Spanish real estate bust leads to ghost towns

Thousands of apartments and houses in Spanish towns go uninhabited after real estate demand evaporates.

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    A lone joggers runs past apartment blocks in Sesena in the Toledo Provence near Madrid, Spain. Only a 45-minute drive from downtown Madrid, towering vacant apartment blocks loom over empty streets and weed-filled lots. Apartments galore are for sale and rent, and prices are plunging.
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The real estate bust in Spain has produced a variety of apartment communities and similar properties that have turned into ghost towns as real estate demand has evaporated. See the link for photos. In a town called Sesena:

More than 13,000 apartments were supposed to go up to create a mini-city for 30,000 people just 45 minutes outside of Madrid. But only 5,100 were built, many are uninhabited and regular Spaniards who bought them as investments are now competing to offload them for huge losses.

In Sesena and other ghost developments around Spain, some banks are already trying to unload finished apartments at discounts of up to 50 percent of their original prices.

Any discussion of misallocation of resources on a massive scale would be incomplete without a remembrance of Muang Thong Thani, the small city of condo towers built near Bangkok in Thailand right before the Asian debt crisis of 1997. The towers were built to house approximately 150,000 people, although it’s unclear if those building have filled up, even fourteen years later. It’s difficult to tell if the web site has been updated since 2007, but it presently states that “The vast majority of these condos, shops, and office buildings have never been occupied since their completion in 1995-97.”

The Commanding Heights documentary (see below) has an interesting section on Muang Thong Thani and on how loose monetary policy in Europe and the US helped to ruin the Thai economy. (Although the video doesn’t quite put it that way.) It offers some insight into the psychology of real estate booms and how middle class investors are encouraged to invest in doomed real estate by easy money policies.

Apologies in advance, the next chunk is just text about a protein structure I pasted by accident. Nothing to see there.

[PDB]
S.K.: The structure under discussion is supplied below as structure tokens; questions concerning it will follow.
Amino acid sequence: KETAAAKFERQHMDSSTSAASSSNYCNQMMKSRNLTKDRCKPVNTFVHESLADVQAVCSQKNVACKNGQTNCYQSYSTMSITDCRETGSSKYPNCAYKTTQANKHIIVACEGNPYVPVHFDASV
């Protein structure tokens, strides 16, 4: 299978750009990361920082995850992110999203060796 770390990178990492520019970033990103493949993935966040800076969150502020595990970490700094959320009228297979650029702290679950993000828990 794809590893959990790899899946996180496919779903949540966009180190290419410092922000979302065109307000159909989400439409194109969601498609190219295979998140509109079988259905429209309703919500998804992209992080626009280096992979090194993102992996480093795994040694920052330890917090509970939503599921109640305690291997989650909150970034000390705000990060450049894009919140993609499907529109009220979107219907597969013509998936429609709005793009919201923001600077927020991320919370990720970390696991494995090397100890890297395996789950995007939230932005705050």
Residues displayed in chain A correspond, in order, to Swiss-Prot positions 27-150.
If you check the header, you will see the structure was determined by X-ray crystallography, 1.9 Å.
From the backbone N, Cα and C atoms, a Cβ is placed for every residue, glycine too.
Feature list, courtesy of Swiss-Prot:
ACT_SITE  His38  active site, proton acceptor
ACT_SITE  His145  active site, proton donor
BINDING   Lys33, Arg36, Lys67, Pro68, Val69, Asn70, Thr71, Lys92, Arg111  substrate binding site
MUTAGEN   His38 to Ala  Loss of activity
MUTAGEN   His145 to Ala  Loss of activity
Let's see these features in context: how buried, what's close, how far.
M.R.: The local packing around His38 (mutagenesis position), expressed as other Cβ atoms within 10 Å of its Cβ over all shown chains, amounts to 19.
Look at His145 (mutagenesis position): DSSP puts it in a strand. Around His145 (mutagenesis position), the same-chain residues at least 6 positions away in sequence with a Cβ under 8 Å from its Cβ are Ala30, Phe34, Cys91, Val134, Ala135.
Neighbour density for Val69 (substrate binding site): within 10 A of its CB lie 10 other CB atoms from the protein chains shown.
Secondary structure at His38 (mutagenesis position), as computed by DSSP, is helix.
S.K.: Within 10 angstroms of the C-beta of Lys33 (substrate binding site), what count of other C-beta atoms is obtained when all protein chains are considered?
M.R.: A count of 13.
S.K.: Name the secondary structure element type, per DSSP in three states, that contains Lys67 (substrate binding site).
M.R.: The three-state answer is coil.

Also, Mark Thornton noticed last week that the world’s tallest building is now a distressed property.

Meanwhile, here in the U.S., foreclosure activity may be ramping up following the conclusion (for the most part) of negotiations with loan servicers and the feds and state attorneys general over a massive legal settlement. The conclusion of negotiations signals that the processing of foreclosures, which has slowed significantly during the past year as banks dealt with the controversy, may now be speeding up. Considering that, according to the Mortgage Bankers Association, more than 14 percent of all first-lien mortgage loans in Florida are now sitting in foreclosure (to name the worst one), it looks like they will have plenty of loans to deal with. The Houston Chronicle reports, however, that the taxpayers may be footing much of the bill for the financial hit the banks will be taking.

Also this week: Housing starts up. Well, they’re up compared to banner years 2009 and 2010.

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